Family Research Council praised the decision by the U.S. Supreme Court in Espinoza vs. Montana, which held that it is a violation of the First Amendment to discriminate against religious activity by disallowing neutral and generally-available student-aid programs simply because they afford students the choice of attending religious schools.
Delivering the court's opinion, US Supreme Court Chief Justice John Roberts wrote: "A State need not subsidize private education".
The high court also is weighing a Trump administration policy that would make it easier for employers to claim a religious or moral exemption and avoid paying for contraceptives for women covered by their health plans.
Education Secretary Betsy DeVos, long a champion of school vouchers, was on hand for oral arguments before the High Court in January. Christian conservatives are an important voter bloc for Trump, who is seeking re-election on November 3. Ted Cruz (R., Texas) have proposed a $5 billion tax credit to support private education, through which participating states provide dollar-for-dollar credits to taxpayers who contribute to scholarship programs. "But once a state decides to do so, it can not disqualify some private schools exclusively because they are religious", Roberts said.
In a concurring opinion, Thomas said the Supreme Court still needs to address its interpretation of the First Amendment clause prohibiting government establishment of religion, because it "continues to hamper free exercise rights".
Thirty-eight states have constitutional provisions like Montana's barring public aid to religious entities. Breyer said the ruling could lead to legal fights over whether states have to directly fund religious schools as well as secular public schools.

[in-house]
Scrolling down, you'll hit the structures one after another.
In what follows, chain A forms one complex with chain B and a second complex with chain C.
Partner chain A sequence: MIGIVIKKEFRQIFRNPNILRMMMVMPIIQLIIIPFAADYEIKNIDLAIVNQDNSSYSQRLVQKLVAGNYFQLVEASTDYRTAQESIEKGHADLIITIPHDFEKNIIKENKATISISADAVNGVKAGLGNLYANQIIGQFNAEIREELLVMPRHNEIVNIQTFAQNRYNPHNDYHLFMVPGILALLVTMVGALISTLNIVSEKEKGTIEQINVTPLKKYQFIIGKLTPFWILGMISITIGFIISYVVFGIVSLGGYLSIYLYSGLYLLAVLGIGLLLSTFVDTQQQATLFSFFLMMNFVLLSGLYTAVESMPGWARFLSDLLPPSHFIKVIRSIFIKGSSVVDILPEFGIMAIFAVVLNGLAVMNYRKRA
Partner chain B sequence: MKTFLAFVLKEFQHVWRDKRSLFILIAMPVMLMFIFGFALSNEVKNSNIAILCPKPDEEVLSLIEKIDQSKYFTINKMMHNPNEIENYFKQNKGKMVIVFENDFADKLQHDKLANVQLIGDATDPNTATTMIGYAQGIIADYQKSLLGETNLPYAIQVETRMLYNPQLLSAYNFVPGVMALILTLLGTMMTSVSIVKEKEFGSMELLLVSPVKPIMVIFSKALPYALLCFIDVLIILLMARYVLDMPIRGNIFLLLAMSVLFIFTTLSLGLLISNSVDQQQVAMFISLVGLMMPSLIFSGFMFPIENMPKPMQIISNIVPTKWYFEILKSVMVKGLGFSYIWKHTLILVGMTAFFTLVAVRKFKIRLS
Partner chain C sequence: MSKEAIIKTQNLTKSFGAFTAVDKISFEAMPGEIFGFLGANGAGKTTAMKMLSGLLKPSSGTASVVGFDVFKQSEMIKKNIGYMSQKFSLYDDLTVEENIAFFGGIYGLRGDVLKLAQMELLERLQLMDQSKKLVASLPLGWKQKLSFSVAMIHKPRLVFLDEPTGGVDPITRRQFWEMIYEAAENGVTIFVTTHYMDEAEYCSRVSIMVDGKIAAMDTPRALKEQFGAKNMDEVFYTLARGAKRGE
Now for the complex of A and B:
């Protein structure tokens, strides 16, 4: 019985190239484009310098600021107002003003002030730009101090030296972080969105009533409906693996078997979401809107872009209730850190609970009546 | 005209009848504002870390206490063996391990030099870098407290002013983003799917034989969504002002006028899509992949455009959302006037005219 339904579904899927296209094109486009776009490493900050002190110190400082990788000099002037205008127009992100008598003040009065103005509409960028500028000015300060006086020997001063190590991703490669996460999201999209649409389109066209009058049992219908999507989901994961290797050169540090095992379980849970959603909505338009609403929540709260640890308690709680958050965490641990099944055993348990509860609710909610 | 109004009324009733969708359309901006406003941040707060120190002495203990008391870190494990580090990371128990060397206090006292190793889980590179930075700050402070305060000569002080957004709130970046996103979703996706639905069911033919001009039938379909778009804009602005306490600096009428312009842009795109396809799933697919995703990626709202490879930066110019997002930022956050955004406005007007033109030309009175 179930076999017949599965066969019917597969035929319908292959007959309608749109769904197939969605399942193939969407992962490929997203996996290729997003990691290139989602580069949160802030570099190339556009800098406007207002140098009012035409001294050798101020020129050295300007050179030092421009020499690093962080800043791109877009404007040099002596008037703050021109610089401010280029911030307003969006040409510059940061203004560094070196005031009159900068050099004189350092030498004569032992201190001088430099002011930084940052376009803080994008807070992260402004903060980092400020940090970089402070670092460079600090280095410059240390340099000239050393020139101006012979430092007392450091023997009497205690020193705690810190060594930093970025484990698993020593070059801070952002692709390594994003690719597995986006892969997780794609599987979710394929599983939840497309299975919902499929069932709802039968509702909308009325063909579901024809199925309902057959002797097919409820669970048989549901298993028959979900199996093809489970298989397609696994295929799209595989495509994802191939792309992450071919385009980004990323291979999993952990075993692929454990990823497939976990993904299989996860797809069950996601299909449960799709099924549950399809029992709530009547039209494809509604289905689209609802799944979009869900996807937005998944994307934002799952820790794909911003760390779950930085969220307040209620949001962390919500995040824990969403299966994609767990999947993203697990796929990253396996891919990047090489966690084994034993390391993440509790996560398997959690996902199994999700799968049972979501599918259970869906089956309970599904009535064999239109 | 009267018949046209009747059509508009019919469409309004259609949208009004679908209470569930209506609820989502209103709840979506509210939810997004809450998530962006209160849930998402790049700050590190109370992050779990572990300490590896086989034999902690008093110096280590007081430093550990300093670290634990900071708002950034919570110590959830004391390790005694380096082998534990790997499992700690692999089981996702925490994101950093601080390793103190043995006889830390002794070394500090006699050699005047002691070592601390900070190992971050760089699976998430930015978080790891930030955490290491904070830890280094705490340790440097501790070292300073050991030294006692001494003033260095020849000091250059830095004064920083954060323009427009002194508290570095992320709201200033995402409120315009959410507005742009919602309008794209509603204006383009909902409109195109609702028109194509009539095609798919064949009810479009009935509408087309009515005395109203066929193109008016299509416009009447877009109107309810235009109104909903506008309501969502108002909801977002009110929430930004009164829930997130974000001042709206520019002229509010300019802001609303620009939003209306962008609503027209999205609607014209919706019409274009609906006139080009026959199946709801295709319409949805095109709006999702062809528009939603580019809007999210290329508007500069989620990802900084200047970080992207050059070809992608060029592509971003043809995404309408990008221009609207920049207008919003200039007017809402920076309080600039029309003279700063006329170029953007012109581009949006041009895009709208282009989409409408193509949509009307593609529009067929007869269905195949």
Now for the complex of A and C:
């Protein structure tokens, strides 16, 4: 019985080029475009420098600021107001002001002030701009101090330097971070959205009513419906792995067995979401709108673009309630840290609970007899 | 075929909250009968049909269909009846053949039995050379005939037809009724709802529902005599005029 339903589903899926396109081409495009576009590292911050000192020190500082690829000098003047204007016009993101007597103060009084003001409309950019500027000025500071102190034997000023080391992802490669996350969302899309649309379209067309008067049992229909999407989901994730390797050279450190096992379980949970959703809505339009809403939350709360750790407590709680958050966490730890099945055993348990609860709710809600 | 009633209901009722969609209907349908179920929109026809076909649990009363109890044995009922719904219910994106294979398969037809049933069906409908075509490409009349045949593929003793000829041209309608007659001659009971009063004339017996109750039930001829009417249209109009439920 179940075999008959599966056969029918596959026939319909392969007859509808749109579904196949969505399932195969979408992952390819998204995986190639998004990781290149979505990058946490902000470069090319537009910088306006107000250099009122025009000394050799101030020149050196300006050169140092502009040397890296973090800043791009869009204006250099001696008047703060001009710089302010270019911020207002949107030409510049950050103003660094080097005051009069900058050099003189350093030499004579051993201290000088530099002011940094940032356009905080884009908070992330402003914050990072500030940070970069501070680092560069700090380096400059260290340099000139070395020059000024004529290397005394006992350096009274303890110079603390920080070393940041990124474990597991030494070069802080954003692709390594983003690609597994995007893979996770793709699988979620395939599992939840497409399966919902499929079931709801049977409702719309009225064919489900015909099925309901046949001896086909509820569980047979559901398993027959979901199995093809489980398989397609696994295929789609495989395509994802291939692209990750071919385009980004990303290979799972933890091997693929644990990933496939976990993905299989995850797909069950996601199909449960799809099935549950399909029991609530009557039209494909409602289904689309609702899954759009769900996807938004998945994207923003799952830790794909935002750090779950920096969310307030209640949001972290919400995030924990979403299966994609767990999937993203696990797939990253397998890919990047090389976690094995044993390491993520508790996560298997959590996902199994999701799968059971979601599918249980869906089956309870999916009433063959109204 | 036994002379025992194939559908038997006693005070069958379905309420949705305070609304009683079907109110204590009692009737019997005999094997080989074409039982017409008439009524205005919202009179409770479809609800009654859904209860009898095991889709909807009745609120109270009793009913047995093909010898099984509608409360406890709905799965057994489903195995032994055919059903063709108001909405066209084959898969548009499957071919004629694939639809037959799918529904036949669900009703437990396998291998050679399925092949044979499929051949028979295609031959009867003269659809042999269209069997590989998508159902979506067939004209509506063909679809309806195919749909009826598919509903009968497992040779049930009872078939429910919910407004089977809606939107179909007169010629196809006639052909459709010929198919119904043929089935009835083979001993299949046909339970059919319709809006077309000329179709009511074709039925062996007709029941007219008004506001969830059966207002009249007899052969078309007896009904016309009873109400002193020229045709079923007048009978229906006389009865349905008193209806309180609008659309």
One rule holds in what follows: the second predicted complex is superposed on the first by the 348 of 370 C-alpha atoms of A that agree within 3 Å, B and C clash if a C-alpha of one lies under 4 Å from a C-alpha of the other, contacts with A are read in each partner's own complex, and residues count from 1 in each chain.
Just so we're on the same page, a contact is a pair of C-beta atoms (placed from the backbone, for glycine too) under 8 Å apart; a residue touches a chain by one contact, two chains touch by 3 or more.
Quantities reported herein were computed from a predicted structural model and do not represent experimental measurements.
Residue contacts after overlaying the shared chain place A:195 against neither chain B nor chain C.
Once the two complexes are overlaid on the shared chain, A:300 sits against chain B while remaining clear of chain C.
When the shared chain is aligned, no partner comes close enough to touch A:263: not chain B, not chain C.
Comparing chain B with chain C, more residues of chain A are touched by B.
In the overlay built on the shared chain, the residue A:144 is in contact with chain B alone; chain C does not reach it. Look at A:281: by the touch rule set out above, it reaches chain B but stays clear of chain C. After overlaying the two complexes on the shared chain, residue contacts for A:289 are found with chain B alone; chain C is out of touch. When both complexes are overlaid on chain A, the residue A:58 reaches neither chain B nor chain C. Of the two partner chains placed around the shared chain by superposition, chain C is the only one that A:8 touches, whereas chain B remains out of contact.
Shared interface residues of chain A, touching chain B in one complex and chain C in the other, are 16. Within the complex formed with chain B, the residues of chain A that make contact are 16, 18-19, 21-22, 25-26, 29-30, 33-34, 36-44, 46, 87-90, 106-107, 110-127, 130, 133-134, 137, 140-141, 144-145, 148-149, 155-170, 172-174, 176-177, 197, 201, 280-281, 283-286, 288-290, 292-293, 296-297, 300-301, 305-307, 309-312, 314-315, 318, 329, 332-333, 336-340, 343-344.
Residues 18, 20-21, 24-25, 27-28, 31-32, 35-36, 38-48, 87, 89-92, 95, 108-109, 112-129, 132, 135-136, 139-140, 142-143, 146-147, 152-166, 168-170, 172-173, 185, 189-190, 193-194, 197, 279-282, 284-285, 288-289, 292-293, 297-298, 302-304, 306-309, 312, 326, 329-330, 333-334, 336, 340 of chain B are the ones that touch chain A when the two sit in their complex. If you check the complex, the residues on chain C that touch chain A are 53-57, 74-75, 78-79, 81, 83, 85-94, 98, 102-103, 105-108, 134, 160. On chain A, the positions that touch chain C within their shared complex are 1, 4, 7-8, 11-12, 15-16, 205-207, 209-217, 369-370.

"This is a landmark case in education that will allow states across the country to enact educational choice programs that give parents maximum educational options", Smith said.
The National Education Association, a union representing public school teachers, said the ruling could undermine public schools because vital education funding could be siphoned to religious schools.
"The majority's approach and its conclusion in this case, I fear, risk the kind of entanglement and conflict that the religion clauses are meant to prevent", Breyer wrote in a dissent partly joined by Justice Elena Kagan.
The state supreme court overruled that decision and ordered the entire program to be scrapped.
The Montana tax credit program, created in 2015, provided up to $150 as an incentive for donations to groups that fund scholarships for tuition to private schools including religious schools. The program approved by the state legislature includes Christian and other religious schools.
Rachel Laser, president of Americans United for Separation of Church and State, contended that numerous religious schools participating in Montana's program had discriminatory policies. Several attempts to provide tax credits for scholarship programs have failed amidst constitutional questions.
Three mothers whose children attended a private Christian school had sued after the Montana Department of Revenue issued a rule banning families from using the scholarships at religious schools.